And the remotetec has eight separate buttons, each of which can be used for three functions (click, double-click, and long press, just like the Logitech POP) so that gives you 24 functions on one battery operated device.
Hi, I’ve just got a couple of the 3 switch version of these. Got the first wired in and it successfully works the lights from the switch itself. Detected fine in ST, and the multichannel app shows three end points.
I’ve got two problems though, the main switch (which operates switch one) can be switched on and off from ST fine, but doesn’t update its status without a manual refresh. Also, the Endpoint devices always show ‘on’. If the switches themselves are on I can switch them off once from ST, but then they just continue to show as on and can’t be controlled any more. Do I need to change any of the device settings etc? Keen to hear how you got yours working. Cheers.
Just for reference in case anyone is thinking of these - I’ve now got them working. Needed to delete and re-add the end points and they started behaving so now have full control of all three buttons. Would definitely consider these a good option for anyone looking at light switches in the UK (I ordered the neutral wire version as my house has them at the switch).
Edit to add: not sure why I seem to have two accounts! Apologies.
I’m very new to smart home automation and would be glad if someone guided me in the right path. I got the smartthings from us with the schlage lock from us as well. Living in Dubai, United Arab Emirates we have slight issues with us voltage but smartthings and schlage are working fine till now. I contacted the person in the link and he said he’s got switches for 110-240v which he said should work in Dubai but I would need us z wave frequency and he doesn’t have switches for it now.
Anyone can guide me where I can these switches with us frequency which would work in dubai.
It appears to use the ZigBee Home Automation 1.0 Dimmable Light device type. I haven’t yet found these for sale in the UK.
This PDF on Schneider’s website also shows other products in the same range including a 2 gang dimmer and 1 gang and 2 gang switches with choices of face plate. It also mentions their 2-wire TruRetrofit technology which “requires no neutral wires” and “dimtect” technology which automatically detects your bulb type to make CFLs and LEDs dimmable. Is this all too good to be true?
The wiring diagrams for the dimmer and switch do seem to mention a neutral wire.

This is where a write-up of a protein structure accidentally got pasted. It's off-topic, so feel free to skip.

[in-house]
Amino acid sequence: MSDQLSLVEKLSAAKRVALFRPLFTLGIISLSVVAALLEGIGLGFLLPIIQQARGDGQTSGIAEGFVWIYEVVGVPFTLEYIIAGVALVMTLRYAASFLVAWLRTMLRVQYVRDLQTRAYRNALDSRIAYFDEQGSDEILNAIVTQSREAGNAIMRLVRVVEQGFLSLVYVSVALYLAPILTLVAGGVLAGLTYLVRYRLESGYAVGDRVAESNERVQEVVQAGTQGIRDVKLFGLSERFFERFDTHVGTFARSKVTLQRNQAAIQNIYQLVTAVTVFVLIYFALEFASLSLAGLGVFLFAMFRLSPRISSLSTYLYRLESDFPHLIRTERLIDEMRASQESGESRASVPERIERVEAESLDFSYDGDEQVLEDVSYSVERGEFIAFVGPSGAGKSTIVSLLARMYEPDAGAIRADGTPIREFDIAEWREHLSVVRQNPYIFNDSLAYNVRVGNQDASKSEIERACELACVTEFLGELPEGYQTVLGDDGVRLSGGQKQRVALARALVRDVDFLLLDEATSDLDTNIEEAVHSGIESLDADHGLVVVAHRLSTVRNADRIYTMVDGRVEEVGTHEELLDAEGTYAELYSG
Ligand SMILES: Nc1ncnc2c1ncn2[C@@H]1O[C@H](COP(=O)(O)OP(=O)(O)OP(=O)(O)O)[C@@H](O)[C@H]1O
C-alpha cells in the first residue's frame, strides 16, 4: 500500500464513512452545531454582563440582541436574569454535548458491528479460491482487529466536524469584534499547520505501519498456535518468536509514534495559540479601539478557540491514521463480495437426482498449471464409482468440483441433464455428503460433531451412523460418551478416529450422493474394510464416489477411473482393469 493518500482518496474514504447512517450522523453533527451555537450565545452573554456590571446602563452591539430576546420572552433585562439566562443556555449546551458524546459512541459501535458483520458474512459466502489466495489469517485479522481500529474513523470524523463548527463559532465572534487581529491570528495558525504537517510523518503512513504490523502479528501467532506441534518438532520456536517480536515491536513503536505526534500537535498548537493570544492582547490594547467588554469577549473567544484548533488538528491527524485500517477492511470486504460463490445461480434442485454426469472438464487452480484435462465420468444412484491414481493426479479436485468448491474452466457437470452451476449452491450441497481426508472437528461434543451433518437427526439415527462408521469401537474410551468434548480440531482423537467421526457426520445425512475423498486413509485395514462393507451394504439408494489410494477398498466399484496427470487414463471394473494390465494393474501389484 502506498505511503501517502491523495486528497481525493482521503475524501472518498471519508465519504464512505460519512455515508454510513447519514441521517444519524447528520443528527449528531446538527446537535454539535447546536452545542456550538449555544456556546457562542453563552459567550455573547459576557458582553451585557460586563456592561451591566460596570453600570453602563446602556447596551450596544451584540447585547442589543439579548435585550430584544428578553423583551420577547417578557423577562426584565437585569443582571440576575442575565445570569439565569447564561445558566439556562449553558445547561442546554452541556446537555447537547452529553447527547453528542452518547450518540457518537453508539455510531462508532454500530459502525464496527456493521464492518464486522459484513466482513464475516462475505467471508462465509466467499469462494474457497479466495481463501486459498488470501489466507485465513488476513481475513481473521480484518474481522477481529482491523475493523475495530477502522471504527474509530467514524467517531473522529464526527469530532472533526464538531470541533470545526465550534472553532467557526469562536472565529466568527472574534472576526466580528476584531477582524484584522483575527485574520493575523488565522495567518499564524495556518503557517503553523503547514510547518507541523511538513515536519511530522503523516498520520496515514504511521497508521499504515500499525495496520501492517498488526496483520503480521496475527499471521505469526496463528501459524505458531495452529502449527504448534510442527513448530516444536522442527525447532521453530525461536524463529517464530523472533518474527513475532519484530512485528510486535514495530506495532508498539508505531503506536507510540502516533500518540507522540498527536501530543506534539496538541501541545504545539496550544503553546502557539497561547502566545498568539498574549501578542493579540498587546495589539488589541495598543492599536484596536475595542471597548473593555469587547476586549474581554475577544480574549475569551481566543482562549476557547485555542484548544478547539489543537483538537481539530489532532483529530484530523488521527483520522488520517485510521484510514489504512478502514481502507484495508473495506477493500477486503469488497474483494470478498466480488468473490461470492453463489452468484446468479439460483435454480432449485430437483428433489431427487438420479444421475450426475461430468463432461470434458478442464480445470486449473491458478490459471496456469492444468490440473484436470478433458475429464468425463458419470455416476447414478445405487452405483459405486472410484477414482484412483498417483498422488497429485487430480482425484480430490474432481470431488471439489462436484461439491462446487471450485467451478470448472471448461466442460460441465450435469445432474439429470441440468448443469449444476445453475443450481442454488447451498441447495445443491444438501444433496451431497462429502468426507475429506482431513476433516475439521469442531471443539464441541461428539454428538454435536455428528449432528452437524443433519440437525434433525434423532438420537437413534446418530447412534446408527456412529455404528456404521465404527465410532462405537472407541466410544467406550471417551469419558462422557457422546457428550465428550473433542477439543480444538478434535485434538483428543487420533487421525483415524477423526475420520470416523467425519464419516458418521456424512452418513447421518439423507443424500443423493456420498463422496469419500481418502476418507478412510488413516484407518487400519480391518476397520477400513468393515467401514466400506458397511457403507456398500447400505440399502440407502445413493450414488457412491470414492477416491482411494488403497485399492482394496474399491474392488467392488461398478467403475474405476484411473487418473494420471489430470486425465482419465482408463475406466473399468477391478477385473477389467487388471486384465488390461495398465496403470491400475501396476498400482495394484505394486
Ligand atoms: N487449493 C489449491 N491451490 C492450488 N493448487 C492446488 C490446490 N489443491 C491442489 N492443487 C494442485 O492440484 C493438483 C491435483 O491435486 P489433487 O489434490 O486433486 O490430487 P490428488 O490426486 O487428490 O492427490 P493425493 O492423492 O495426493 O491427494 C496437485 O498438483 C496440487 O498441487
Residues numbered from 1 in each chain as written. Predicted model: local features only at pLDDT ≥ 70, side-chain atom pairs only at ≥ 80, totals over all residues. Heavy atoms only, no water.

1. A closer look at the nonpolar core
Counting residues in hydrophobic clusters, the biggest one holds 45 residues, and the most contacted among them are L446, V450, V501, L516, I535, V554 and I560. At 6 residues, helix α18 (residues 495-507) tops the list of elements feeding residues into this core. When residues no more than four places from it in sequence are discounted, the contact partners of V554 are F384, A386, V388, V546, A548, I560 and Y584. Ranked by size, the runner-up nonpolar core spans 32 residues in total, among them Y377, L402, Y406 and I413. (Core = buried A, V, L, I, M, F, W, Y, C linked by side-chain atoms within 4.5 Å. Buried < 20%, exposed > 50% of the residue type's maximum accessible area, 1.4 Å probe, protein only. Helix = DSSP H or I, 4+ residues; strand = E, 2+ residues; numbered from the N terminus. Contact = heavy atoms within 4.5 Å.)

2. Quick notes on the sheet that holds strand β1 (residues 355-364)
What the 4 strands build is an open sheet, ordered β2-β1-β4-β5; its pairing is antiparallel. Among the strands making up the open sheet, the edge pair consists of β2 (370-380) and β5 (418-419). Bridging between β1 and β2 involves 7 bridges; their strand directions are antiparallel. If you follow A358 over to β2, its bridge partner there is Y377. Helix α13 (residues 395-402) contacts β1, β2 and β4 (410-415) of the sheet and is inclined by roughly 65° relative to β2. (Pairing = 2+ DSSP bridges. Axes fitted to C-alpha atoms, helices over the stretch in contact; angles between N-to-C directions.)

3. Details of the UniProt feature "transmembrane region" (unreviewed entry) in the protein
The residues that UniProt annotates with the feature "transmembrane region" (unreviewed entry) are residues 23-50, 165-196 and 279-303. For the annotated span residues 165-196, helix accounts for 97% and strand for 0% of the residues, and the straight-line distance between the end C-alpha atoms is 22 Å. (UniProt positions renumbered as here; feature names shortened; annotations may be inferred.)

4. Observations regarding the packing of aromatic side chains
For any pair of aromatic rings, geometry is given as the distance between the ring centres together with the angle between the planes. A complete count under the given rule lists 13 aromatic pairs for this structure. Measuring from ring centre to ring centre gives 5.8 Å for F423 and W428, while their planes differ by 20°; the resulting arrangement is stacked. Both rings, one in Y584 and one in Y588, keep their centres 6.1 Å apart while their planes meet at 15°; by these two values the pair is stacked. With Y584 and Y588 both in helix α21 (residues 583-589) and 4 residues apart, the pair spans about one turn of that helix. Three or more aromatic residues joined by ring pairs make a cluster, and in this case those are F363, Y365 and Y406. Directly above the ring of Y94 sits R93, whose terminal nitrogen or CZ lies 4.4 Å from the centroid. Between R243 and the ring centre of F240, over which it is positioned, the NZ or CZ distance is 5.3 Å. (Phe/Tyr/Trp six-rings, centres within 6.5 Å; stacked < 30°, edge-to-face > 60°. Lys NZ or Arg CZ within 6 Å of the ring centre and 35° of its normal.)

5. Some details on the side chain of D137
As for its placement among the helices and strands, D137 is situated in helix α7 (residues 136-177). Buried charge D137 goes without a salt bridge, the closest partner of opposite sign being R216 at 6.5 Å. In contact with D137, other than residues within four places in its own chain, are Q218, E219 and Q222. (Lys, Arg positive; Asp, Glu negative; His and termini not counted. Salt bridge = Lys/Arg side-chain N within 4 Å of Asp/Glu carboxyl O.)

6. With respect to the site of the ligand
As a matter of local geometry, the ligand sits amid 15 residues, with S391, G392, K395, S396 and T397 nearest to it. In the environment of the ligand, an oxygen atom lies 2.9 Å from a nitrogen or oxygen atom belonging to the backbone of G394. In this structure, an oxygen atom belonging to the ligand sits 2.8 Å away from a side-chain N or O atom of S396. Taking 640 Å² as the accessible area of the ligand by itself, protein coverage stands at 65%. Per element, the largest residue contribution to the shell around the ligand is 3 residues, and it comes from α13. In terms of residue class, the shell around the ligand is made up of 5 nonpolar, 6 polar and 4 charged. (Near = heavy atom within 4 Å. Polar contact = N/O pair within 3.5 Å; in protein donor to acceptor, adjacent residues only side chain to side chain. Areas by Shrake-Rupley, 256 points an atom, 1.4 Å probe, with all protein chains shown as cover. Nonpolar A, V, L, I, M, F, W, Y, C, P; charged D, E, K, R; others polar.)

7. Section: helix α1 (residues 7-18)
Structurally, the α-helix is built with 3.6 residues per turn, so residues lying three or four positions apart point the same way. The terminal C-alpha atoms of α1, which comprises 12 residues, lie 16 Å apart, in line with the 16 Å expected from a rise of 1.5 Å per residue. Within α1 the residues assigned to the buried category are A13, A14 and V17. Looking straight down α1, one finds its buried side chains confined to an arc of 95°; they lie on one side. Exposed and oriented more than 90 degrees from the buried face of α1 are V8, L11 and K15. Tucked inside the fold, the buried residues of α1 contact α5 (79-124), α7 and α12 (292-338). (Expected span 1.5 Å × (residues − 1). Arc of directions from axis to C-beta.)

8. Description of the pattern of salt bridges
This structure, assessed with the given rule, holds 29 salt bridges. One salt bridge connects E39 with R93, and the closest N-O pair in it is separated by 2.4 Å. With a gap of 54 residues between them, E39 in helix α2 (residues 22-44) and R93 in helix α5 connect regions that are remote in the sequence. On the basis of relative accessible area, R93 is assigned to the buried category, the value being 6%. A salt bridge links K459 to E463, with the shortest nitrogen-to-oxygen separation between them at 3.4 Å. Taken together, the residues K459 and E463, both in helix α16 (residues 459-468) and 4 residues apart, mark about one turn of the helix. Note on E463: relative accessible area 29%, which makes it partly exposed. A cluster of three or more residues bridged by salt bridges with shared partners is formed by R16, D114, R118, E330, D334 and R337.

I’ve recently moved into a new house in the UK (built in 1989) and it appears that my light switches do have a neutral (black) wire to them in addition to live (red) and earth (green/yellow).
My questions are:
Is this ZigBee Home Automation 1.0 Dimmable Light compatible with SmartThings out of the box?
Will these switches work with my existing wiring? (assuming there’s space in the back box which seems a bit shallow)
Will these switches work for people who don’t have a neutral wire to the switch as discussed in this thread?
(I intended to attach more images but the forum won’t let me as a first time poster).
The Schneider switches are indeed certified under the same zigbee profile as the smartthings hub, so it should be possible to get them to work, although they will probably need a custom device handler. Because they are not available in the US, I just don’t think very many people have looked at them yet. But they would definitely be with trying.
As far as not requiring a neutral, it’s most likely similar to the fibaro inwall dimmer relay. It’s technically possible, if the manufacturer says it can be done. Schneider is a long-established, reputable company, so I would just contact their support department for more details.
So good catch, definitely somebody should check into these.
As far as your own wiring project, please start your own thread so you can get specific responses to that, this is the FAQ thread for general device discussion.
You can start your thread either in the UK category of the forum or under devices.
So my question about whether these switches and dimmers really work without a neutral wire is particularly relevant.
Something I don’t understand about SmartThings is why a custom device handler is needed for a standard ZigBee device type, even if that device type is already supported by a device from another manufacturer. Surely the point of having a standard is that SmartThings doesn’t have to add each individual product to their catalog when it has already been certified by the Zigbee Alliance as complying with that device type…?
That’s exactly how zwave works, it’s just not how the zigbee standard works, which is why Z wave is so much more popular for low-end DIY systems.